The National Sheep Association (NSA)has moved to remind the government of sheep farmers' needs after the country left the European Union (EU) last week.

Farmers across all associations and unions have been on tenterhooks regarding the future of the industry once a deal has, or has not, been agreed with the EU.

With the vital Agriculture Bill still being debated in Parliament, the NSA's chief executive, Phil Stocker, has urged the government to remember them.

“As we take this step as a country, it’s absolutely vital care is taken to protect agriculture in the UK and recognise it for the vibrant and vital industry it is," he said.

"The UK grows some of the highest quality food in the world, something our farmers are extremely proud to produce.

"Our sheep farmers have an excellent record for delivering healthy nutritious delicious food raised using environmentally sustainable methods.”

NSA recognises the vast potential for the UK produce in new trade deals but is calling for assurances that the industry will not be put under pressure to compete domestically with lower standard produce.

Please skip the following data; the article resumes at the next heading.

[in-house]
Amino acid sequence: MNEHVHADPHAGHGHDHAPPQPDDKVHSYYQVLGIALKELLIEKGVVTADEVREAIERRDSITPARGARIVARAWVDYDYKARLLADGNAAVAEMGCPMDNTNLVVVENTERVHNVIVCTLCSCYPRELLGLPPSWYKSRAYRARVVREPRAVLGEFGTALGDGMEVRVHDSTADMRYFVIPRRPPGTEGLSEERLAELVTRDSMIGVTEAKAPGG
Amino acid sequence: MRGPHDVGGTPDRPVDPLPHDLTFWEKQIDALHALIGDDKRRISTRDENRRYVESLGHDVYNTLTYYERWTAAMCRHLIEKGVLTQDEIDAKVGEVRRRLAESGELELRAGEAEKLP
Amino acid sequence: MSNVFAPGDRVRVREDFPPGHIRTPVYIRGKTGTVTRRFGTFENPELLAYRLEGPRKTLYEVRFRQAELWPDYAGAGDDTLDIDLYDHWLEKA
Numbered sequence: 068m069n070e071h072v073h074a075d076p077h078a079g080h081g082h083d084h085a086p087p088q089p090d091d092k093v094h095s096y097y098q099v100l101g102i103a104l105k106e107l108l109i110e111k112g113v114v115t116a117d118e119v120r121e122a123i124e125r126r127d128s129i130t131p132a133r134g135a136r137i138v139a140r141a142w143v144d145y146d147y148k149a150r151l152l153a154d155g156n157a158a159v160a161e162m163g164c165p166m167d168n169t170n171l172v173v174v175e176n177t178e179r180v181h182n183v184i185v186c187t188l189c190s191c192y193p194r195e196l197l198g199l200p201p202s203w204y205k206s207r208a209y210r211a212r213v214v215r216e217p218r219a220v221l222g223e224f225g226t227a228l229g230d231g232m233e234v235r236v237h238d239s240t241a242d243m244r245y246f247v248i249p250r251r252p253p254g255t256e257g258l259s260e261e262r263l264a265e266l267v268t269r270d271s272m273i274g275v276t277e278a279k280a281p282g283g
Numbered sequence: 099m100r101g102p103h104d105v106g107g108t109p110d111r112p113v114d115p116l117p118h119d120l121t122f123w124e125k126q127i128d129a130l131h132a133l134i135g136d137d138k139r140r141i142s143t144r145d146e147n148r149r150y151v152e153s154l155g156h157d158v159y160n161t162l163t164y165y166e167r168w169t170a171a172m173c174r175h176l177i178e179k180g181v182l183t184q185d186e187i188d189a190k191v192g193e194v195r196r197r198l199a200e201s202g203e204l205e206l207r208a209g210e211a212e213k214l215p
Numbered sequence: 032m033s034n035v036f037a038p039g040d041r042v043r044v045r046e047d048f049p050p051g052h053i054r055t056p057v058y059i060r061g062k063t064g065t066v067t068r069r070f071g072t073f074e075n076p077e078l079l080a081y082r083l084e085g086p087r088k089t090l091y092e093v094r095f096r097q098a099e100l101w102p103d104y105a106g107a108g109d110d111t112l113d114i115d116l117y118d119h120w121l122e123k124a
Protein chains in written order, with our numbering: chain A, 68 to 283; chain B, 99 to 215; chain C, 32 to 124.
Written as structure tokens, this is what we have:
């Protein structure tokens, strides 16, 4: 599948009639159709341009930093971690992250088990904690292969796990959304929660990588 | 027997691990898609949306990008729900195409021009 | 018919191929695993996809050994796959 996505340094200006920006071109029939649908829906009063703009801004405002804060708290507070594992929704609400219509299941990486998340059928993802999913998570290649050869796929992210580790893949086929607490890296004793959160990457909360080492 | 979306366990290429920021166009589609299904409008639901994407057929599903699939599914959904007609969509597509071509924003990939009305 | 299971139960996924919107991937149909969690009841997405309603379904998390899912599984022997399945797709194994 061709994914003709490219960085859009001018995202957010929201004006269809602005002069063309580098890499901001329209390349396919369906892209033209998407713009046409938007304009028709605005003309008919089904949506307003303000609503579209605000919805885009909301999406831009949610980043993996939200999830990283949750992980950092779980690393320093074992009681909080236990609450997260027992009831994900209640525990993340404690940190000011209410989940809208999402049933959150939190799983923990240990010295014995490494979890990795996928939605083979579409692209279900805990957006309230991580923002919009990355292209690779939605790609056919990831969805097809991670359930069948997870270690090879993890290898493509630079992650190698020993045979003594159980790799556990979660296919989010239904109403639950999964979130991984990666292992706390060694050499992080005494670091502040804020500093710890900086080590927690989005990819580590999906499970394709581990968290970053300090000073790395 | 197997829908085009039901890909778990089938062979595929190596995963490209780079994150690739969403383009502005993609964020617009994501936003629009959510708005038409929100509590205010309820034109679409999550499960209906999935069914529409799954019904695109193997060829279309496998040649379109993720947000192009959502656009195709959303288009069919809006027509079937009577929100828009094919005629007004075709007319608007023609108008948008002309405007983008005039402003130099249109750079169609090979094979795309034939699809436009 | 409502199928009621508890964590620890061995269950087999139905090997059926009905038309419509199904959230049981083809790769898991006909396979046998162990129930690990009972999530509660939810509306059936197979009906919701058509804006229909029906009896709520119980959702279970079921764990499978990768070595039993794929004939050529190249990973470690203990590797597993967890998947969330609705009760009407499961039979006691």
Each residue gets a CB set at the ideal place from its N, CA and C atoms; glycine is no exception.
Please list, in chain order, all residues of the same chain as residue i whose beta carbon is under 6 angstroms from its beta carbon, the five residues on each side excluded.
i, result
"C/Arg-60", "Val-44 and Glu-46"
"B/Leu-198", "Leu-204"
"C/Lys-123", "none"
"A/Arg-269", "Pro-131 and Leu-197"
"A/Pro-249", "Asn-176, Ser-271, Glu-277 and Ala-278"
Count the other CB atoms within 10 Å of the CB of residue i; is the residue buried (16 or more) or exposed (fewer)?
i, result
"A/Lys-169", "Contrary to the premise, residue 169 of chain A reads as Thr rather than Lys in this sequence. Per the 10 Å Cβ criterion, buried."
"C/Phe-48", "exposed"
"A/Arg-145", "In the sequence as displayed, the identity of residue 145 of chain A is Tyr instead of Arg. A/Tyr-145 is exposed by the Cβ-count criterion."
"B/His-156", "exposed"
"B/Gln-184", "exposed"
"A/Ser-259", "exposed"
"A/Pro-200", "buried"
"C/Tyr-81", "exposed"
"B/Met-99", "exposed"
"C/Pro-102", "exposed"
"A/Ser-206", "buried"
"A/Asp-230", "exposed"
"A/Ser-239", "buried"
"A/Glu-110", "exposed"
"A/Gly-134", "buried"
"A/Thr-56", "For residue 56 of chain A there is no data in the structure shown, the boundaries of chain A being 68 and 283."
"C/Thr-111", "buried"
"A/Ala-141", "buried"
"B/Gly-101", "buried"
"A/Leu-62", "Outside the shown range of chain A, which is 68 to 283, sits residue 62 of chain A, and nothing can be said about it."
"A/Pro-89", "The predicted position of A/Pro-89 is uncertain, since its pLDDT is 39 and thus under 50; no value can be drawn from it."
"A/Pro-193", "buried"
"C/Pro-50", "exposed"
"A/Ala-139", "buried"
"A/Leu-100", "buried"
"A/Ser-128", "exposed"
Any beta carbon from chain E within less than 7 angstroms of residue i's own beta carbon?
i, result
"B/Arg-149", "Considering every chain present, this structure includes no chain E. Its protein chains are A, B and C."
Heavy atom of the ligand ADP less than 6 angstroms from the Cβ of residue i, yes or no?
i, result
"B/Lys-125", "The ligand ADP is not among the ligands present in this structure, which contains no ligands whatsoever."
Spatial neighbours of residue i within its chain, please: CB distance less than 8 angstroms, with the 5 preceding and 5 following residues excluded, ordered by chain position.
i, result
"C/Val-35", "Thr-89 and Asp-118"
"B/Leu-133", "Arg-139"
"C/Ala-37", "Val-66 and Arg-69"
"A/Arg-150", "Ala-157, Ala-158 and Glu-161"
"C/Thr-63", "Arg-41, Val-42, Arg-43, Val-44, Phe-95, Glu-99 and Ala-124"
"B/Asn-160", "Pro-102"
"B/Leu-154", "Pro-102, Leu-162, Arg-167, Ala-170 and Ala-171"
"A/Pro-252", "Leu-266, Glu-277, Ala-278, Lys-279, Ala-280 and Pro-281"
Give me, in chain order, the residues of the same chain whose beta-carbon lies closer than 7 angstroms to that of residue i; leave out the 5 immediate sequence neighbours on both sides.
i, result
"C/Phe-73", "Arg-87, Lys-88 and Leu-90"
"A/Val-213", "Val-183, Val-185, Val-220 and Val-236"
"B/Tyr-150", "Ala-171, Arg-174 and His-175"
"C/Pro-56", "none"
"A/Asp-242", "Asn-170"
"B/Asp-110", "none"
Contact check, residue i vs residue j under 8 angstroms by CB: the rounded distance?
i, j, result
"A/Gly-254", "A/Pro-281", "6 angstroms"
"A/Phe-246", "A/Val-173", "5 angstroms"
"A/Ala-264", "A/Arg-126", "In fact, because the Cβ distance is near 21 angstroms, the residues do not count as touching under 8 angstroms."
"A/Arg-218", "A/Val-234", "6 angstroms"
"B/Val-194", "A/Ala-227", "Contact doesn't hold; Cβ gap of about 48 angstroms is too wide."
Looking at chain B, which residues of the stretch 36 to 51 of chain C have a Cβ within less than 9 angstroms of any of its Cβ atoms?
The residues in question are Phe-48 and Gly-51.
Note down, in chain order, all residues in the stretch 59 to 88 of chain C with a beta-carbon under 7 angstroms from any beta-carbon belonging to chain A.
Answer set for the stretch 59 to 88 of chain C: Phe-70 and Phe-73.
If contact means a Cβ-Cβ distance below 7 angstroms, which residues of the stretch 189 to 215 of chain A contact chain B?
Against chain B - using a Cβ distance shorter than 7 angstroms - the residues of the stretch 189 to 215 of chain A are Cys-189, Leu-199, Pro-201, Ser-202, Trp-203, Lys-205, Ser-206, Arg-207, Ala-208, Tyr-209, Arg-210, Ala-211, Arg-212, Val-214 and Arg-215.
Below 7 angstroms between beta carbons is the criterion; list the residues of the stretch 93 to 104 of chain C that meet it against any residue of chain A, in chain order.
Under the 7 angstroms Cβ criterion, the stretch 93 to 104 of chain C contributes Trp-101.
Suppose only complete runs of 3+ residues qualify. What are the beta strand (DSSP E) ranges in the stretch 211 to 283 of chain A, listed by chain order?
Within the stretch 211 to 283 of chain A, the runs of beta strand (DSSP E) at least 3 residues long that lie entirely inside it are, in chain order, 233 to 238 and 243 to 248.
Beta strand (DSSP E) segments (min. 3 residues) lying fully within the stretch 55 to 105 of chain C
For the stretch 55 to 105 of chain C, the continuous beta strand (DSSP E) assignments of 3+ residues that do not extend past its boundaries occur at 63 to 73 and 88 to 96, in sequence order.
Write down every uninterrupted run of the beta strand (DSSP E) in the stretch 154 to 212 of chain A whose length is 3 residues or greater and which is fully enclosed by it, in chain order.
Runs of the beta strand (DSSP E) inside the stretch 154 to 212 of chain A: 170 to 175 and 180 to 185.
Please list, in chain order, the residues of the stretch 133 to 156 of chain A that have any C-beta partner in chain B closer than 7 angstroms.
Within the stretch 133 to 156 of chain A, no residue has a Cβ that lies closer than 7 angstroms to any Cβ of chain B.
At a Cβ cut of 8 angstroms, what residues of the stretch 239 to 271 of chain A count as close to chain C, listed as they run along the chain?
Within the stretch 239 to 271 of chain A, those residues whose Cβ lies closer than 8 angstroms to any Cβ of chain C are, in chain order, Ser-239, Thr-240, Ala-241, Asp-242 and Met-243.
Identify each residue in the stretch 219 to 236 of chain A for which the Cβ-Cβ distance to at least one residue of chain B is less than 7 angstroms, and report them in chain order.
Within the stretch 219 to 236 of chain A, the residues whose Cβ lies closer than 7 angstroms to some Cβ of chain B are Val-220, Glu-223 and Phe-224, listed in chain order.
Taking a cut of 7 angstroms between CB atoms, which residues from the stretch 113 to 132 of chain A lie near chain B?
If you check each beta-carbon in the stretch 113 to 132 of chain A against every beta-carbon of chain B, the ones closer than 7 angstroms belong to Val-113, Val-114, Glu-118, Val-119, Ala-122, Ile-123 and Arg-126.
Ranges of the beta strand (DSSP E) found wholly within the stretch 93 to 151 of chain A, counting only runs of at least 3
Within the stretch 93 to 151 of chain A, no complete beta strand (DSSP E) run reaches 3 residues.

Mr Stocker added: “Sacrificing the high-quality British standards to allow lower-quality produce into the UK is absolutely unacceptable.

"Forcing British farmers to compete with food produced cheaply at a lower standard and quality will undermine UK agriculture.

"[It will] and leave our farmers in an untenable position as consumers who aren’t familiar with why there is price disparity between imported produce and British produce may be drawn in by the cheaper price tags.”

Mr Stocker acknowledged the challenges ahead with Prime Minister Boris Johnson refusing to extend the transition beyond 12 months.

"This leaves the very real challenge of negotiating our future relationship with the EU in just 11 months," he said.

"However, it is necessary a trade deal with the EU, or other equally sized markets, are in place by the end of the year, so the sheep sector is not again facing the significant tariffs attached to trading on WTO rules.”

He also added that the NSA are 'cautiously optimistic' with government proposals for future farm support.

“In England, there is a real potential for the new ELM schemes, and NSA is pleased to see more recognition of food security in the most recent draft of the Agriculture Bill," he said.

"We have welcomed the news of ring-fenced funding, but the direction for this funding has to come soon.”